Omega Architects and Van Oossanen join forces for NedXplor 38

Chris Jefferies wrote the following for Boat International:

Omega Architects and Van Oossanen Naval Architects have released details of their latest collaboration, the NedXplor 38 concept.

Offered for sale with IYC Monaco, whose broker Bernie Challis helped to develop the project, this 38 metre full displacement explorer yacht would be built to MCA LY3 standards at an undisclosed Dutch shipyard. Designer Frank Laupman explained that she balances form and function with “a bold, masculine exterior, complemented by a warmer, feminine elegant interior”.

Vital statistics include an 8.4 metre beam and a 2.7 metre draught at half load

The explorer aesthetic is reinforced by a near-vertical bow, which maximizes interior volume, and reverse-angled wheelhouse windows — ideal for passagemaking in all conditions.

Naval architect Perry van Oossanen added: “Yachts in this size bracket can sometimes be overlooked, but this size means that it can be a true explorer yacht, anchoring close to the coast, entering small harbours and exploring, and easy to handle and manoeuvre — all the attributes an adventurous yacht needs.”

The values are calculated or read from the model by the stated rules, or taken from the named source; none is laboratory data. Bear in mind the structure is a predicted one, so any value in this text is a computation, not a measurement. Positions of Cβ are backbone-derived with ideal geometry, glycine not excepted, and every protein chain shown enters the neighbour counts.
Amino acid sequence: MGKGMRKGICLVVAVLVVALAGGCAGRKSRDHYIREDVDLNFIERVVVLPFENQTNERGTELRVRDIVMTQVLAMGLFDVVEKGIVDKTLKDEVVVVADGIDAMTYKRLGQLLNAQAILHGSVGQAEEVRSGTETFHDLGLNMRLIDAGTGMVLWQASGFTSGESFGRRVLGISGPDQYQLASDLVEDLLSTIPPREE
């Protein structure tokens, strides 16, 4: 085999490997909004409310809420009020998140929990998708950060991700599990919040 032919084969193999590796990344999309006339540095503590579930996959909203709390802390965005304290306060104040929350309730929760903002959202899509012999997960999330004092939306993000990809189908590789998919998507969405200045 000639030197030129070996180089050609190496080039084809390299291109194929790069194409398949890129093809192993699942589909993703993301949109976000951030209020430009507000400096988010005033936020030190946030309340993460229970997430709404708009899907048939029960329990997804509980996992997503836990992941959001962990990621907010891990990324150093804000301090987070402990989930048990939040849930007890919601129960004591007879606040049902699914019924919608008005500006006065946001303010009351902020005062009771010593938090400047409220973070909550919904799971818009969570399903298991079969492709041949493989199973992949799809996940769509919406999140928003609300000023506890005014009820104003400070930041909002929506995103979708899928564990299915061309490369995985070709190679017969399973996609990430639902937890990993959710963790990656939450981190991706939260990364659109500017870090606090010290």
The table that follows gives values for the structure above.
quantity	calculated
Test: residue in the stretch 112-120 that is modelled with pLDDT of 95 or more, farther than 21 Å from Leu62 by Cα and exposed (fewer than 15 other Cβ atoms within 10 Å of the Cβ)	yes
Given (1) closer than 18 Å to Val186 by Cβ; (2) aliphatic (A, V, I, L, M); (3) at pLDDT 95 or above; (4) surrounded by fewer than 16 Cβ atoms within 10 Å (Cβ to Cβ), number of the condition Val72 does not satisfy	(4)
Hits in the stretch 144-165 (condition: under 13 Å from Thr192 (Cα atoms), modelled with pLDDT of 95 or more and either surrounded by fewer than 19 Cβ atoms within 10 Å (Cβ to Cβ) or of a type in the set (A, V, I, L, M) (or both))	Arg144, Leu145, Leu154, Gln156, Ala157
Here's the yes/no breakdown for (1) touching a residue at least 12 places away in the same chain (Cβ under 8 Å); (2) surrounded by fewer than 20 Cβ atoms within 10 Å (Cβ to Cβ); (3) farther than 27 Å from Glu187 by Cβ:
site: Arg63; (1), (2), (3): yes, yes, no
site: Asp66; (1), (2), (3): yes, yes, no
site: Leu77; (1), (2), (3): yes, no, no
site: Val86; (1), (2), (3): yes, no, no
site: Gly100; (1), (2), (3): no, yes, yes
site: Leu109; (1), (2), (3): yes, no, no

Accommodation is for up to ten guests split across five cabins, including a full-beam owner’s suite situated on the main deck, as well as two doubles and two twin cabins on the lower deck.

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The ten-person dining area stretches the length of the saloon on the port side

The crew quarters, suitable for a staff of up to seven people, are situated in the bow, leaving the aft free for storing tenders and toys. This versatile space can be easily transformed into a superyacht beach club and gymnasium, the designers add. The spacious main deck aft is another key feature — large enough to be set up as either a helipad or storage space for additional tenders.

Power would come from a pair of 1,000hp Caterpillar C32 engines for a top speed of 15 knots and a cruising range of 5,032 nautical miles at 11 knots. Van Oossanen explains that this globetrotting ability is made possible by the fitment of a hull vane, which also reduces pitching and rolling motion.

“The most important thing about this design is that it performs, beyond looking good,” he concludes. “We believe that the yacht’s size paired with the hull vane is a very interesting proposal for owners looking for a truly adventurous yacht without the size and investment that a much larger explorer yacht requires.”